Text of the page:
RELATED READING: ‘Inevitable’ Advance of Embedded Payments Will Spark Bank-FinTech Partnerships
Embedded payments are an inevitability for merchants, for small businesses, for plumbers and gardeners, and pretty much everyone else. Through the past several decades, going back to the dawn of the internet, commerce was centered on small retail purchases. With the early successes of the platforms, ranging from Amazon to Expedia to Netflix, the challenge was how to accept a credit card transaction online. Moving Beyond the Check and Away From the Bank Branch: But the emergence of APIs and software has leveled the playing field a bit and can help smaller businesses that traditionally relied on paper checks and invoices move more fully online.


Across the Pond: FCA Warns of Jail Time for BNPL Bosses Over Financial Promotions

The UK’s Financial Conduct Authority (FCA) is warning BNPL bosses that they could face jail time if they do not stick to stringent financial promotion rules. Over the summer, the UK government set out the first plans for new rules governing the fast-growing but controversial BNPL sector.

However, while the legislation inches towards completion, the FCA has taken proactive steps to use existing powers to bring firms into line. In August, the regulator publicly warned against promoting unapproved BNPL products. Now, in a letter first reported by City AM, it has written to several providers and to retailer to follow up.

The letter says that any communication or so-called explainers on BNPL products constitute “financial promotions” – meaning that they fall within the regulator’s jurisdiction. Promotions that are not “clear, fair and not misleading” could result in up to two years in prison.


Many of the Top CUs Are Struggling with Digital Services

Based on an analysis of the Top 100 credit unions, the average user experience score comes in at 2.31 out of 5.

An independent group of UX, Design, Content and Analytics professionals conducted a “digital experiences” review of the Top 100 credit union by asset size – and they found “many credit unions are not investing in the digital capabilities that meet current and prospective members’ wants and/or needs.”

The panel of experts were asked to focus on the following categories to rate the Top 100 credit unions: User Experience; Analytics and SEO; Key Features and Functionality; Visual Design and Branding; Content; Digital Marketing; and Security and Privacy.

The experts rated each credit union on a scoring level from 0 (poor) to 5 (most innovative). According to the report, “the average user experience score was 2.31 out of 5, indicating that many credit unions are failing to bring their high-touch approach to digital channels and successfully convert what has traditionally been a transactional environment into a relational one.”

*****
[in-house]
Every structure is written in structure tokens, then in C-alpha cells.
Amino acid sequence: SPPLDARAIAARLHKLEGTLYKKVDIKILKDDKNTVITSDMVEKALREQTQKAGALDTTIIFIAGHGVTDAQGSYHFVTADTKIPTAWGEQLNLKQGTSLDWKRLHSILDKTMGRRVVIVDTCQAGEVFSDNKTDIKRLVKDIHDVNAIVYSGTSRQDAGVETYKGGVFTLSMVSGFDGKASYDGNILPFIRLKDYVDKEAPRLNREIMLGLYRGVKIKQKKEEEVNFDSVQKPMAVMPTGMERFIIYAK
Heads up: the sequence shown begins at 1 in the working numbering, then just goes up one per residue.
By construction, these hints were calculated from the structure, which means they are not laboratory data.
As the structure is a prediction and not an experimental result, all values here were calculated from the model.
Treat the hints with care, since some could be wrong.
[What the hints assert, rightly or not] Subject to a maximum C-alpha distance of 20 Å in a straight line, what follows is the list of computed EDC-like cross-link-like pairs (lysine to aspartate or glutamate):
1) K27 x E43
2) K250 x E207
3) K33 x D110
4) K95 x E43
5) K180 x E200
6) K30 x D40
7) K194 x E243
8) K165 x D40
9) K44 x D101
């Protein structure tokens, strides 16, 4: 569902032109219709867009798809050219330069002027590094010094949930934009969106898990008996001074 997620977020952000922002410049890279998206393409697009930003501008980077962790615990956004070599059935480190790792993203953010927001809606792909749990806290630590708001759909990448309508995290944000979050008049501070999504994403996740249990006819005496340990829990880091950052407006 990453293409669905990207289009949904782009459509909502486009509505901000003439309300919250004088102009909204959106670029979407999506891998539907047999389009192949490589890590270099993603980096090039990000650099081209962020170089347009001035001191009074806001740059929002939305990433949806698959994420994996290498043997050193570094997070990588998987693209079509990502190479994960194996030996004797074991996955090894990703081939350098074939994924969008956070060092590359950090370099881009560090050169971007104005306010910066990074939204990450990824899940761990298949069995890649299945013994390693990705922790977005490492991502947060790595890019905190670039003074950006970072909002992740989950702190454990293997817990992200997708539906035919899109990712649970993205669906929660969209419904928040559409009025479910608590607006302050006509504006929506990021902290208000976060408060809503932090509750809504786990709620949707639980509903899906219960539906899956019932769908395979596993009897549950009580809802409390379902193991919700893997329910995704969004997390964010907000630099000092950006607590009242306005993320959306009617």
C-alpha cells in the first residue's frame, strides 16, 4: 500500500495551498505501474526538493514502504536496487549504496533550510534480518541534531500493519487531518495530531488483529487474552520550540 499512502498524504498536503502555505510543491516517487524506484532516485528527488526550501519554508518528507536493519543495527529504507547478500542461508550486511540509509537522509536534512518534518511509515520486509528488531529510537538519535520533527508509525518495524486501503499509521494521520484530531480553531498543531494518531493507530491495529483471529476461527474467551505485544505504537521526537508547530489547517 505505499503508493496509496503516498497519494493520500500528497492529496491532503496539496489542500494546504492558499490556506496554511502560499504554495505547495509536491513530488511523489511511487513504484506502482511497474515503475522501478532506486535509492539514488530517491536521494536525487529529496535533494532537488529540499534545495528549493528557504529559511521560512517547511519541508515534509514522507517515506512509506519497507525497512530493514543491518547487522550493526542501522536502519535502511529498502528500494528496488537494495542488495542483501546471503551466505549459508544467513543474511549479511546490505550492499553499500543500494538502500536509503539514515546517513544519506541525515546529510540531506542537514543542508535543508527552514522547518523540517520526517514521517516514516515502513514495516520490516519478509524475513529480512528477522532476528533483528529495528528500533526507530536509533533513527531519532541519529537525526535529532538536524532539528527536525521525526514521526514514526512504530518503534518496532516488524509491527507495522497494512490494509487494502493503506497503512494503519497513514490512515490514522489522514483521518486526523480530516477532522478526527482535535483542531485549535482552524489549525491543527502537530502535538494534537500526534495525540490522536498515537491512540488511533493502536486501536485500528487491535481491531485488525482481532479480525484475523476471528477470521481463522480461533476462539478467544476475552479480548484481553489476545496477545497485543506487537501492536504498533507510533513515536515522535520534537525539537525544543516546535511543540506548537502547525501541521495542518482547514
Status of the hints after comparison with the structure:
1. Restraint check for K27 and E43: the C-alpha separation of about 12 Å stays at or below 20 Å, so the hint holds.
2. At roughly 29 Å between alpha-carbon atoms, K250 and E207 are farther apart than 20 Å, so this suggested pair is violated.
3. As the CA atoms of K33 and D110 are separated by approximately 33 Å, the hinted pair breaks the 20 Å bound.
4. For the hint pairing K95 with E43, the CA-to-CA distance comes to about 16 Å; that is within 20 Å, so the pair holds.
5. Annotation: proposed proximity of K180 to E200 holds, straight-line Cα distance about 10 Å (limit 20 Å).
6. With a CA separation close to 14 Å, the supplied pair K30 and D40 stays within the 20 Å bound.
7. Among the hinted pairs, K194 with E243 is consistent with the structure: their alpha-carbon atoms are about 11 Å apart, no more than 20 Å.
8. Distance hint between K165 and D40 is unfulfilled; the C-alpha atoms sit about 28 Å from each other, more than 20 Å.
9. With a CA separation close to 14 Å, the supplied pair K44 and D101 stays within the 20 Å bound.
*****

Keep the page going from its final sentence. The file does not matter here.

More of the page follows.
Nov. 4, 2022: Technology & Payments

Ditching Passwords Could Unlock a $59 Billion Biometrics Market

Consumers prefer a user experience that is both convenient and secure, even though 68% said they would choose security over convenience. A consistent authentication experience across multiple platforms also creates trust. As businesses look to create more secure and convenient authentication experiences, advanced identity authentication through technology such as biometrics could help meet security and convenience expectations.

Consumers already understand the shortcomings of password authentication, and that is feeding demand for better authentication solutions. Being able to log in without a password was rated just as highly by almost half of respondents as having more detailed information about transaction security, and 61% expressed interest in password alternatives, a share that jumps to 68% among mobile app users.

This edition of the “Digital Identity Tracker®” explores consumer attitudes toward identity authentication and the possibilities offered by forgoing passwords in favor of technologies such as biometrics and passkey. READ MORE


Fintech using behavioral science to monitor consumer debt

For consumers struggling with credit card debt at a time when inflation is driving up prices, one Michigan company is working to help their bank or credit union empower them to break the cycle.

Nickels, a financial technology company in Ann Arbor, Michigan, works with financial institutions through its Credit Card Coach platform — an application that analyzes anonymized data from checking accounts other sources to help improve the financial health of members through tailored services and marketing efforts while offering account holders personalized advice for managing payments and tackling credit card debt.  READ MORE